Uplifting trance

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Uplifting trance (often synonymous with epic trance, anthem trance, emotional trance, or euphoric trance) is a large sub-genre of Trance music.[1] The name, which emerged in the wake of progressive trance in 1996, is derived from the feeling which listeners claim to get (often described as a "rush"). The genre, which originated in Germany,[1] is massively popular in the trance scene, and is one of the dominant forms of dance music worldwide. Historically it is related to the emergence of psychedelic trance and the two styles influenced each other.[citation needed] Classical music strongly influenced the development of uplifting trance both in the 1990s[2] and at present, with film music also considered influential.[3]

Characteristics[edit]

The first 8 bars are without side-chain applied, the second 8 are with side-chaining.

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In general, uplifting trance is a style much lighter in tone than other trance genres (such as Goa). Instead of the darker tone of Goa, uplifting trance uses similar chord progressions as progressive trance, but tracks' chord progressions usually rest on a major chord, and the balance between major and minor chords in a progression will determine how "happy" or "sad" the progression sounds. The genre features longer major chord progressions in all elements (lead synth, bass, and treble). It also contains extended breakdowns, and relegation of arpeggiation (the melodic part of the song, usually consisting of "Saw Synths/Square Lead" type sounds) to the background while bringing wash effects to the fore (the harmonic element of the music, or "background fill", usually consisting of synth choir/voice/string chord progressions). There is a close relation between uplifting trance and uplifting house. As a general rule of thumb, trance beats in the range of 136–142 BPM.[4] Uplifting trance very commonly employs side-chain compression, a modern production technique. It is commonly referred to as "ducking the kick", where the background strings/synths have their volume automated, creating a pulsing effect on the off-beat.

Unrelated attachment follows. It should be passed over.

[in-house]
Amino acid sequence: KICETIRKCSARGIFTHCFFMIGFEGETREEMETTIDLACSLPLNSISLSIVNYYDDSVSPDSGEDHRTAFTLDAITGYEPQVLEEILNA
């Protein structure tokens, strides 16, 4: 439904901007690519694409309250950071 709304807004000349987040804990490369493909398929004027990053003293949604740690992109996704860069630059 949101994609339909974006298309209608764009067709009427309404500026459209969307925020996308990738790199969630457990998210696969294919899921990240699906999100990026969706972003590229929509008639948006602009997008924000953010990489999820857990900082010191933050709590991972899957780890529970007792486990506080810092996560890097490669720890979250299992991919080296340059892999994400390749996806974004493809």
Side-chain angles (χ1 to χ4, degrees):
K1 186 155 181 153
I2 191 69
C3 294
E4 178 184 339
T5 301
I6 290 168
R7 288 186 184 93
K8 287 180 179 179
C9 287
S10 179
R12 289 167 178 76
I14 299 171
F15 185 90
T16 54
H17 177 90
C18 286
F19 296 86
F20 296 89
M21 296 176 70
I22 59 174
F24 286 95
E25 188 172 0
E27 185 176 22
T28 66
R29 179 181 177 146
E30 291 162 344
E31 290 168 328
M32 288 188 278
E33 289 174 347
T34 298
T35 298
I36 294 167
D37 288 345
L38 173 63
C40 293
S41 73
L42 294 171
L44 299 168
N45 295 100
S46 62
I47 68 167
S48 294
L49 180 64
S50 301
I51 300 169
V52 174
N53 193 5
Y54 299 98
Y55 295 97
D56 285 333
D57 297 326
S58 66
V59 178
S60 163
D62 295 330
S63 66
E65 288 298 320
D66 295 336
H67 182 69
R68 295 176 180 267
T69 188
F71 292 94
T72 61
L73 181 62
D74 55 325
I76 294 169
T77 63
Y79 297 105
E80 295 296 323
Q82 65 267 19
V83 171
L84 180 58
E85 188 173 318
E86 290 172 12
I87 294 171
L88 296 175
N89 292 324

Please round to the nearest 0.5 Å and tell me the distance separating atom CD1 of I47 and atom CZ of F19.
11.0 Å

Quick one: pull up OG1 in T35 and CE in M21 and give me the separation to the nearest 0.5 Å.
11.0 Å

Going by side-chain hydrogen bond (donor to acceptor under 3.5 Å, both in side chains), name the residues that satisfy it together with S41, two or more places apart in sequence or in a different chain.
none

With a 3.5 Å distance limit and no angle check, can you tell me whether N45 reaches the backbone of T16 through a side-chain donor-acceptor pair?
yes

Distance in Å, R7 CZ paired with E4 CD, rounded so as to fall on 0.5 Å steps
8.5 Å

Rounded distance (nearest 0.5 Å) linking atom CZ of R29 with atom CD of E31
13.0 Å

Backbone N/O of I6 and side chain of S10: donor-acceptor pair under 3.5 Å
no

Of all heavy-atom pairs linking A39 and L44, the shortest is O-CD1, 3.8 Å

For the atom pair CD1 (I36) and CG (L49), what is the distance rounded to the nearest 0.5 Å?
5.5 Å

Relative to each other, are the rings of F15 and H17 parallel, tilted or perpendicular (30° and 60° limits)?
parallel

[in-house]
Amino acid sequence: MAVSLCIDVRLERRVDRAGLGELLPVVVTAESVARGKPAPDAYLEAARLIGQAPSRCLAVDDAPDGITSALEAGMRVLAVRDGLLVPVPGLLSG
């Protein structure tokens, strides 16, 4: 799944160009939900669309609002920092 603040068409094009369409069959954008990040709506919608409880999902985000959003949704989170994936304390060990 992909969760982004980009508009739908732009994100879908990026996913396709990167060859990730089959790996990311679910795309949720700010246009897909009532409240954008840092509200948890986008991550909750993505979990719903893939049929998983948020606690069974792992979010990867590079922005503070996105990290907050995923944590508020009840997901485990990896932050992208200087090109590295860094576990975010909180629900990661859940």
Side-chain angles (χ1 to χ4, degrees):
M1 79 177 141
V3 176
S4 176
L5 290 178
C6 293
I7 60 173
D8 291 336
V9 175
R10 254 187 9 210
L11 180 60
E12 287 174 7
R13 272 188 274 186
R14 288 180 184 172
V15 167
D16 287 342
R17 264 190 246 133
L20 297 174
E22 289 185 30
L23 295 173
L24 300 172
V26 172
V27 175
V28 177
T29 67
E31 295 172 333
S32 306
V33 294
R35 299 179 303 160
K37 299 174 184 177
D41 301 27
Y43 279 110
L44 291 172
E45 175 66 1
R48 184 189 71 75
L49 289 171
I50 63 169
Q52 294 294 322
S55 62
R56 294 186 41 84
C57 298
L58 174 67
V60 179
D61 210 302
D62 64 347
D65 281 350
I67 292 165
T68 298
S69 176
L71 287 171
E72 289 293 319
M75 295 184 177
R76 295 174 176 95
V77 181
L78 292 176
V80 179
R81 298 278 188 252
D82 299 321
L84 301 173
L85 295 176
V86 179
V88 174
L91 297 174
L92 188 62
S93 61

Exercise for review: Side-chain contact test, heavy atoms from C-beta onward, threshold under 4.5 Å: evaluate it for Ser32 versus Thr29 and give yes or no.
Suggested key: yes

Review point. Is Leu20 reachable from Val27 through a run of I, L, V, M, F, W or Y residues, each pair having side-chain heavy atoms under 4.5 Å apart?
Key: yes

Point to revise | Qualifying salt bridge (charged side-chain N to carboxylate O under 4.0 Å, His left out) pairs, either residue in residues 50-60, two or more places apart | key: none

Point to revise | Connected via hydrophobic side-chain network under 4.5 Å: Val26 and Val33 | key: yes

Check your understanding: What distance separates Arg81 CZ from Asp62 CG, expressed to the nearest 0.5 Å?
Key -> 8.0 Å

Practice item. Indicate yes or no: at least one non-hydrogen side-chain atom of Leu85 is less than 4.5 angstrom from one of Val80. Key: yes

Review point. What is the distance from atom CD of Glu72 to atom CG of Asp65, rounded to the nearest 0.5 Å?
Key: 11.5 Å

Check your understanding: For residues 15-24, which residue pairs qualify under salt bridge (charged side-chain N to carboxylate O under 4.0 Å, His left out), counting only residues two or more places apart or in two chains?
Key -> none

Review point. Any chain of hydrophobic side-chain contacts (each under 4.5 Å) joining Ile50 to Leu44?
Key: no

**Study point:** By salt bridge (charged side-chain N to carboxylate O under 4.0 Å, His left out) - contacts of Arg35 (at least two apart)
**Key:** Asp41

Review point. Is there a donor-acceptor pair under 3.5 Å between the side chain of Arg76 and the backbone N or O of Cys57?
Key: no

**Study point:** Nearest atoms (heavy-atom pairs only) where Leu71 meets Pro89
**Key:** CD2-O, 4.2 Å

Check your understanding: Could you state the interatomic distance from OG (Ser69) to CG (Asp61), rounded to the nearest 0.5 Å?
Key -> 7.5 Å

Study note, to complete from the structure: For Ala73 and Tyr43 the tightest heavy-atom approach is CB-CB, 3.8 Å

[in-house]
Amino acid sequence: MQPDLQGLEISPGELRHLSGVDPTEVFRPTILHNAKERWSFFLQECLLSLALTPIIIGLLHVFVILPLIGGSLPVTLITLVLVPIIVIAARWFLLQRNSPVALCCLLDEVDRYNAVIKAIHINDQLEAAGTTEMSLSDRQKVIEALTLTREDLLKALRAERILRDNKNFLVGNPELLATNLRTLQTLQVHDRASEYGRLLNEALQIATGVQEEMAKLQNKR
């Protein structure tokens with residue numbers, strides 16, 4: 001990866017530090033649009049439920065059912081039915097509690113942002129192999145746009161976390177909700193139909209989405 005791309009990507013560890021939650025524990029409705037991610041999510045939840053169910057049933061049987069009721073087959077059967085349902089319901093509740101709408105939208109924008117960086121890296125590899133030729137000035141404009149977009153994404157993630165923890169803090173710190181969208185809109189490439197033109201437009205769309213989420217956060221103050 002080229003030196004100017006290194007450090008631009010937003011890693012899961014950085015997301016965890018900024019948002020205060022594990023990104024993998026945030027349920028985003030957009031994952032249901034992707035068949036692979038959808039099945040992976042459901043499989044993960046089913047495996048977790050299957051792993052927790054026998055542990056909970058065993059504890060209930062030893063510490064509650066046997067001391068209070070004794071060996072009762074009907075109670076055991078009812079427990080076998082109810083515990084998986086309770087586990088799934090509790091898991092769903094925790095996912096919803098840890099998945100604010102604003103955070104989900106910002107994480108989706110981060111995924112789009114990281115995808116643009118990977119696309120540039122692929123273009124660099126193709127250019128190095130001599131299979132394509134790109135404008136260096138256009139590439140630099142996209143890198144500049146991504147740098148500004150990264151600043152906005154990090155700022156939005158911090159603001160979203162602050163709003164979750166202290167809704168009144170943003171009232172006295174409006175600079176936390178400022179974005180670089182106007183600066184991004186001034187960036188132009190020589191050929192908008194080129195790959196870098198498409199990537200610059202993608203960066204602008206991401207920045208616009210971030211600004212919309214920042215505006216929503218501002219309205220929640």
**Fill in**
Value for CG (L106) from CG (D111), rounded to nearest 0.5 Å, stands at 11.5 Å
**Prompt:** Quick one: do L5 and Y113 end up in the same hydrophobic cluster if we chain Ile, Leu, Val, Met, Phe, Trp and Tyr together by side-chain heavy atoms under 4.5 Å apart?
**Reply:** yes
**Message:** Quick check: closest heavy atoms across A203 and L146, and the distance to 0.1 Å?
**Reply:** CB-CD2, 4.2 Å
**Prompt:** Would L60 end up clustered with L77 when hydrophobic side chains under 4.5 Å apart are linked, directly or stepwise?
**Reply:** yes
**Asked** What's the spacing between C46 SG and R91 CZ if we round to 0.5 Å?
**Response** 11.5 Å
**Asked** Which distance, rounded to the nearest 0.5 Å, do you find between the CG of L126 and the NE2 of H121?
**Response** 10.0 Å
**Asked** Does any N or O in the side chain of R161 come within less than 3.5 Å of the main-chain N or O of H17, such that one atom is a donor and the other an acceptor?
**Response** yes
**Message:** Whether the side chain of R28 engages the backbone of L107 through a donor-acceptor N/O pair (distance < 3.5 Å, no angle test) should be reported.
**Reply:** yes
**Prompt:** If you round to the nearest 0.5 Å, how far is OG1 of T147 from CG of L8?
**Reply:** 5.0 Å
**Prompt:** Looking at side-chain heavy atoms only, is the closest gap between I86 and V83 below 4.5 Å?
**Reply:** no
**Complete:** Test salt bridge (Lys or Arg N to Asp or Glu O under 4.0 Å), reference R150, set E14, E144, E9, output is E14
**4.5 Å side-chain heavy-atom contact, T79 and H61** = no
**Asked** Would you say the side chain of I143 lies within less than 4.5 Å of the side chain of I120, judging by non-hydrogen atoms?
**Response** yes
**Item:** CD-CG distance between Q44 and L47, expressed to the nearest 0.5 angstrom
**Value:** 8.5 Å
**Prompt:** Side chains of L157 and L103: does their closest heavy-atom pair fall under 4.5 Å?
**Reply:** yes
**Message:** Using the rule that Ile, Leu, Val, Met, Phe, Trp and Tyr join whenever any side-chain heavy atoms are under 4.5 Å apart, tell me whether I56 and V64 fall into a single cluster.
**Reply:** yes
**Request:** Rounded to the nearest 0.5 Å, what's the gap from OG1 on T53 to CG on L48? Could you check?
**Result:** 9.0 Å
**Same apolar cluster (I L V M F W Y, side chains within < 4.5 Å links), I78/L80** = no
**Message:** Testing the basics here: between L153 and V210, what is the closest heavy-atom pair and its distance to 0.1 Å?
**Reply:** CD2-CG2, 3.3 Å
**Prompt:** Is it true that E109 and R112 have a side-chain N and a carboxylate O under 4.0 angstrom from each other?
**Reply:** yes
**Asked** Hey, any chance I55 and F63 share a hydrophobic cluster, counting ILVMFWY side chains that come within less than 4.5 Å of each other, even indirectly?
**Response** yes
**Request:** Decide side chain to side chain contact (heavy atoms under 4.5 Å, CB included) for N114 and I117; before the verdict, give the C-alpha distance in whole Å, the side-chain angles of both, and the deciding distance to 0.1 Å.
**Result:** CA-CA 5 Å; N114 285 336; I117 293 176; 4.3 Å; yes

History of the term[edit]

The term has been used to describe what most other people call "epic trance" in the UK's trance scene, to describe some non UK-based commercial trance acts, like Brooklyn Bounce or Darude, which has created some confusion in terminology and classification. Many UK fans call those acts "uplifting house" (when really these artists are closer to progressive house/trance than uplifting trance). The term is also used on the Psychedelic Trance/Goa trance scene, although these styles are not really meant to sound uplifting (there is the possibility some people may be thinking of the term "uplifting" in this case to mean "euphoric").

Current status[edit]

Beginning in the latter part of the 2000s, uplifting trance saw an eruption in interest amongst new and old fans and re-established itself within the trance scene, played by such leading trance artists as 4 Strings, ATB, Ferry Corsten, Armin van Buuren, Dash Berlin, Tiësto and Above & Beyond. (A decade earlier Paul Oakenfold, Sasha & Digweed, and Paul van Dyk.[5] had sparked interest.) Today, Uplifting has emerged as a widely popular electronic dance music subgenre with DJs and producers such as John O'Callaghan, Daniel Kandi, Bryan Kearney, Andy Blueman, Aly & Fila, Sean Tyas and Super8 & Tab focusing particularly on Uplifting Trance as their overriding genre, and others, such as Jason van Wyk and Above & Beyond, who include Uplifting Trance as part of their broader repertoire. In addition, online radio stations such as Paris One and Afterhours.FM are significantly devoted to Uplifting Trance. In September 2009, AfterHours hosted "Uplift Day" that was exclusively dedicated to uplifting trance.

In recent years, a subgenre of Uplifting Trance — dubbed "Orchestral Uplifting" or "Uplifting Trance with Symphonic Orchestra" and pioneered by Andy Blueman, SoundLift, Arctic Moon, Ralph Barendse, Simon O'Shine and others — has developed, wherein the timbres and instruments used in the track are those used in symphonic orchestras, including flutes, non-lyrical choral voices, violins, pianos, horns, orchestral drums, and others, and often includes even-longer-than-usual emotional orchestral breakdowns, while still preserving the other aspects of Uplifting Trance, therefore differing from the subgenre that was called "Orchestral Trance" a decade earlier. This new style has noticeably influenced the work of many artists outside the Uplifting scene, including the Black Pearl project of Ralph Fritsch and Roger Shah, who ordinarily identifies with Balearic Trance rather than Uplifting.

References[edit]

  1. ^ a b "Trance ♪". moodbook.com. Retrieved 2008-03-26. 
  2. ^ Fassbender, Torsten (2008). The Trance Experience. Knoxville, Tennessee: Sound Org Inc. ISBN 978-0-240-52107-7: p. 15
  3. ^ Webber, Stephen (2008). DJ Skills: The Essential Guide to Mixing and Scratching. Oxford, UK: Elsevier Press. ISBN 978-0-240-52069-8
  4. ^ Bryan Meadan (2006). TRANCENational ALIENation. Lulu.com. p. 31. ISBN 978-1-4116-8543-7. 
  5. ^ Simon Reynolds (June 2000). "From Chic Urban Megaclubs To Freaky Outback Raves Trance Has Become The World's Most Popular Dance Music. So Why Does It Get No Respect?". Spin. Retrieved 2011-04-16.